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Saw the video of the helicopter chopping off its own refueling probe. That made me wonder what the stall speed of the tanker is, and how difficult it is to fly slow enough for the helis to keep up.

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The stall speed is around 95-100 knots for the older F variant, and something like 90-95 knots for the newer J variants.

A KC-130 can refuel between around 100 and 270 knots. The lower end of this is well within the maximum speed of many military helicopters, eg the Pave Hawk, Black Hawk, Chinoook or Sea Stallion.

That leaves an "overlap" of around 20-40 knots, without having to approach too close to either the stall speed of the KC-130 (around 90-95 knots) or the VNE of the helicopter (usually between 140 and 170 knots for a military helicopter). This is enough for aerial refuelling, which usually states a fairly tight bracket for the refuelling speed.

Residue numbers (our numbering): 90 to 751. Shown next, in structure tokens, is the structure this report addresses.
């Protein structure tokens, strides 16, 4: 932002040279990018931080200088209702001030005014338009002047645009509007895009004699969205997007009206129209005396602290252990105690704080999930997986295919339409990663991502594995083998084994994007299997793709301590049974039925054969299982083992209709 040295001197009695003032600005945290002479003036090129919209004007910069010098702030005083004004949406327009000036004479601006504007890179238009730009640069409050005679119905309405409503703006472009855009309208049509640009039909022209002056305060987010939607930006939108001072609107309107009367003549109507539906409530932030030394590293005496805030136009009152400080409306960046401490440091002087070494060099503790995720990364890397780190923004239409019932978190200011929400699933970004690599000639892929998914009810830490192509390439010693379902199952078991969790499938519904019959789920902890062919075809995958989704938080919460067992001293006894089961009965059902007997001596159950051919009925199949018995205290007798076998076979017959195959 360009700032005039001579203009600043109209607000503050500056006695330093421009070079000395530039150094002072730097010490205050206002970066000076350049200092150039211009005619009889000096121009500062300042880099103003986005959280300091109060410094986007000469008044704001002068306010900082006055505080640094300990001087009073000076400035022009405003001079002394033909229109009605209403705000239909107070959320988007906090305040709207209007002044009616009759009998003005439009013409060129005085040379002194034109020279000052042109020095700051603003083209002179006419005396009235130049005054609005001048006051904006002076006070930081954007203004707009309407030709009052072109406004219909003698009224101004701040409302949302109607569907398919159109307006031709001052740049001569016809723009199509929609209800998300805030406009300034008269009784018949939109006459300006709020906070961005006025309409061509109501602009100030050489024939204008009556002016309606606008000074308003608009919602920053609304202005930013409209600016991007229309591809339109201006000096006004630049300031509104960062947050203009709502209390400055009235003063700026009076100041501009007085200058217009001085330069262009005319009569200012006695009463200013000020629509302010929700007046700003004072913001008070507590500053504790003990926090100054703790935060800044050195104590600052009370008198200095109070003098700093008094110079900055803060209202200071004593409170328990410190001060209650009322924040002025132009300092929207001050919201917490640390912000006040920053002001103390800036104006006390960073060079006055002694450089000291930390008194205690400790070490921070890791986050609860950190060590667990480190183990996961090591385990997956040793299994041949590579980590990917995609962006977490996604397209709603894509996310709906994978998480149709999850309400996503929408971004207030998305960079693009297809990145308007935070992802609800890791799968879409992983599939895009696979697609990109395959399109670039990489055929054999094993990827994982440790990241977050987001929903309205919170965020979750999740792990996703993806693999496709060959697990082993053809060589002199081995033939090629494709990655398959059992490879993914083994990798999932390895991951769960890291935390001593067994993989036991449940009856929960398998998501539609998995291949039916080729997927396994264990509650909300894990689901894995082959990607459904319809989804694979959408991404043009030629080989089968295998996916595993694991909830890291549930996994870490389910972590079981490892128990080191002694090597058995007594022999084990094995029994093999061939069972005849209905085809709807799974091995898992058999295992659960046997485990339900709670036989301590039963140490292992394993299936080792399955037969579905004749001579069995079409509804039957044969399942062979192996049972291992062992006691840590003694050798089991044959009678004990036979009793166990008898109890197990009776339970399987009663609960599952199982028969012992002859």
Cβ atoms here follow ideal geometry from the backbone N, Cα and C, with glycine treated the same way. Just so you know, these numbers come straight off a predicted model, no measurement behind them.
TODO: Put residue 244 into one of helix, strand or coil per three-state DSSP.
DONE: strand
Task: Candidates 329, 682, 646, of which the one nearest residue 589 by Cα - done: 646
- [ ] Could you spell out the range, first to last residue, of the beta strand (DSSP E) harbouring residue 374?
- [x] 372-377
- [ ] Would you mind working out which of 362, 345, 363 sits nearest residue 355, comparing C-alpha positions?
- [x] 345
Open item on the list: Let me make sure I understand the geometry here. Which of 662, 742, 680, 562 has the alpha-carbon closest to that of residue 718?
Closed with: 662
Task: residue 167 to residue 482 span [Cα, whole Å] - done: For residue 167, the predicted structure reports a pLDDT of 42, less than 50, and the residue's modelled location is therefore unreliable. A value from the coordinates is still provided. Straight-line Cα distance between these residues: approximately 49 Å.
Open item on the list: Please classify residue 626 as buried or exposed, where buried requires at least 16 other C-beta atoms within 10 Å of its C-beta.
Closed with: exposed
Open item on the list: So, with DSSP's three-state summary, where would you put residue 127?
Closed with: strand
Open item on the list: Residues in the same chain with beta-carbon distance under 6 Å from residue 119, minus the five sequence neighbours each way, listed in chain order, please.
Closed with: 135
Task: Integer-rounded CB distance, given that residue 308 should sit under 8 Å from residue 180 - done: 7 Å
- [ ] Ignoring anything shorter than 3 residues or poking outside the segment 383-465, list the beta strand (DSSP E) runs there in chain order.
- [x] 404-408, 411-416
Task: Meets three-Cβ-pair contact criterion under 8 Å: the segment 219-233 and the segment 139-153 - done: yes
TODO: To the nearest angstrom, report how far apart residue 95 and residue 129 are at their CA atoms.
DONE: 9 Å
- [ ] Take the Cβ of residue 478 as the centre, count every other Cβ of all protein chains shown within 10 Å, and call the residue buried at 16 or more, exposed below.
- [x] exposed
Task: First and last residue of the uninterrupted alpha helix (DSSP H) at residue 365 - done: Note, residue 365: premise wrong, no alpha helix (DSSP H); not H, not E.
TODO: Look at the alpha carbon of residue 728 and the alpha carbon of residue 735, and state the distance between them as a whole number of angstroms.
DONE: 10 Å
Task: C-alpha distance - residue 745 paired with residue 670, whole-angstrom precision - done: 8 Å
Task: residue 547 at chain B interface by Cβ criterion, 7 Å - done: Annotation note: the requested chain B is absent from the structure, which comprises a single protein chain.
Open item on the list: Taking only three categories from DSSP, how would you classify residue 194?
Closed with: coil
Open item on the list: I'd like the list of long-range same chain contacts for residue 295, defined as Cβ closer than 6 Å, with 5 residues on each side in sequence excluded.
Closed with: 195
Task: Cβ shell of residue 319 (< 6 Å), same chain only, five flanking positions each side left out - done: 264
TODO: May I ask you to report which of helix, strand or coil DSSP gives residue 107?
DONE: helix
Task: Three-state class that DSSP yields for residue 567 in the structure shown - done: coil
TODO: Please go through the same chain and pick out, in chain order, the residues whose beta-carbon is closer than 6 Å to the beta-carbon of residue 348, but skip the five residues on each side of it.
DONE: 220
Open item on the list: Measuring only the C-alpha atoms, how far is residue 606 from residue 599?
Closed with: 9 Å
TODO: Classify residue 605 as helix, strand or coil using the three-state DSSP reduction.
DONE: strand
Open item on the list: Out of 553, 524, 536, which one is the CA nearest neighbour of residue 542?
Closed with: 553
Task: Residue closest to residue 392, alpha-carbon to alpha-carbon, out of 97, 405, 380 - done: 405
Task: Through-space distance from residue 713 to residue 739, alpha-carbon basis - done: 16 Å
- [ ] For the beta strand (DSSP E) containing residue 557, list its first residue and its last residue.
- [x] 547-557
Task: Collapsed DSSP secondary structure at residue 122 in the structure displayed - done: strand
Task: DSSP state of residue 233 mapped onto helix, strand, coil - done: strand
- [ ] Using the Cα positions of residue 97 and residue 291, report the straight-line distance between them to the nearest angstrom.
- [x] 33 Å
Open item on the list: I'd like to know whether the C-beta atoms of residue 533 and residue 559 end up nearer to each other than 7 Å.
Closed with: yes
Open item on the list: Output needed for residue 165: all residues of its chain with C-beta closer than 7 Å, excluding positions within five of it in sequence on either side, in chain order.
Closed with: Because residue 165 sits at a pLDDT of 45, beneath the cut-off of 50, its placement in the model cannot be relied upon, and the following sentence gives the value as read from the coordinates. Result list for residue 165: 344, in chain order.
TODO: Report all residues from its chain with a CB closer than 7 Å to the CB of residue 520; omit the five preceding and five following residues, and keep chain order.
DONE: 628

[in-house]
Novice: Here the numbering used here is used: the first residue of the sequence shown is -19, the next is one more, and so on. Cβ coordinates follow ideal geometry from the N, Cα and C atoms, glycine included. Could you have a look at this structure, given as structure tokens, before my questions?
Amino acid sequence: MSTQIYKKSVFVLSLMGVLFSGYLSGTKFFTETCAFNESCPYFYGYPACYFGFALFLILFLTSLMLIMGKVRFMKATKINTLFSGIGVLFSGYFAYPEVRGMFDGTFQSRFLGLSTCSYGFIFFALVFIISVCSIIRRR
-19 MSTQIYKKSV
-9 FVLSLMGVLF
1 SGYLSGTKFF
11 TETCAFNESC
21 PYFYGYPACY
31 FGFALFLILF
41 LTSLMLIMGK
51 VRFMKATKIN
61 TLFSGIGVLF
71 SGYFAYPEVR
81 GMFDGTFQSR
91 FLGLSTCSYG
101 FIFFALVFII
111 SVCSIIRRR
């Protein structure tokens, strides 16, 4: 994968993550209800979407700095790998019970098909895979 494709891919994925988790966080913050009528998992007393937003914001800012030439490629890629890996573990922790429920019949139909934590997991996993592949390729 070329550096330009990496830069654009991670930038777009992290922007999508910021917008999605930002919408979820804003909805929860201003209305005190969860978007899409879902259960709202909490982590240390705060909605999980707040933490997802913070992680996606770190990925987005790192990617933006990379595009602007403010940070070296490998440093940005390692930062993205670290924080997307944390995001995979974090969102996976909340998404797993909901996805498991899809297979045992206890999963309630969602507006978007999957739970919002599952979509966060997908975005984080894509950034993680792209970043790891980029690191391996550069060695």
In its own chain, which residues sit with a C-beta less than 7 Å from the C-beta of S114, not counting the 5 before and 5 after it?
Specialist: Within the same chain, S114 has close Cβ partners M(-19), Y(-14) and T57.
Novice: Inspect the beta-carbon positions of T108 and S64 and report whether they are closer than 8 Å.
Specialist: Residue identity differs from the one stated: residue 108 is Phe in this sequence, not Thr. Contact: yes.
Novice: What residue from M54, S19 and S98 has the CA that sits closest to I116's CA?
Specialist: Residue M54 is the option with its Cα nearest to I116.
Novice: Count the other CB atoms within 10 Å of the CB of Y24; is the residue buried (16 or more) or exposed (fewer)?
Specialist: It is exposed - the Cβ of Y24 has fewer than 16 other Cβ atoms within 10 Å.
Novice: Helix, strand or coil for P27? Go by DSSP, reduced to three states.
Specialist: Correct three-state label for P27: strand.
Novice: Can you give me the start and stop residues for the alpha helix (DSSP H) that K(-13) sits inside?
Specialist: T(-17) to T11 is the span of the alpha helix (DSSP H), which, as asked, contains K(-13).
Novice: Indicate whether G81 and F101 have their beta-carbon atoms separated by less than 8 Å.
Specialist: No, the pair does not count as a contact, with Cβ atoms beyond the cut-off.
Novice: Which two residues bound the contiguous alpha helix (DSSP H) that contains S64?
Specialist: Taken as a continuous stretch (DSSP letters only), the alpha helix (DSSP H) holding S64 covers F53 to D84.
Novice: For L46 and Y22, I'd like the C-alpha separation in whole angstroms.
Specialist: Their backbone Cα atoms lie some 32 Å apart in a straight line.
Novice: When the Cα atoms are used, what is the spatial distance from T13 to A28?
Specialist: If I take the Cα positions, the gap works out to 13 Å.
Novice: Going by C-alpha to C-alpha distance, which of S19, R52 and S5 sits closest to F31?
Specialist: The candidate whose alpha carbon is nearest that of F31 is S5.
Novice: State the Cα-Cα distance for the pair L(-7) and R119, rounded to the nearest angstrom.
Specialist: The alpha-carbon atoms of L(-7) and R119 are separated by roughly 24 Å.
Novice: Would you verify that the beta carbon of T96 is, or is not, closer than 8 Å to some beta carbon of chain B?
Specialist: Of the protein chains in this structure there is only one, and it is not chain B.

As mentioned here:

The United States Marine Corps has chosen the KC-130J tanker to replace its aging KC-130F tanker fleet. The new KC-130J offers increased utility and much needed improvement in mission performance. As a force multiplier, the J tanker is capable of refueling both fixed wing and rotary wing aircraft as well as conducting rapid ground refueling. The refueling speed envelope has been widened from 100 to 270 knots indicated airspeed, offering more capability and flexibility.

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  • $\begingroup$ Realize that the power-ON stall speed of a Herk is significantly lower than its power-OFF stall speed (due to the blown wing), and both are sensitive to gross weight & flap setting. Refueling helo's was done, as I recall, at a flap setting that doesn't match a standard landing flap setting. 80% for HAR, either 50% or 100% for landing, if memory serves (pre J model ops). $\endgroup$ – Ralph J Mar 8 at 23:55

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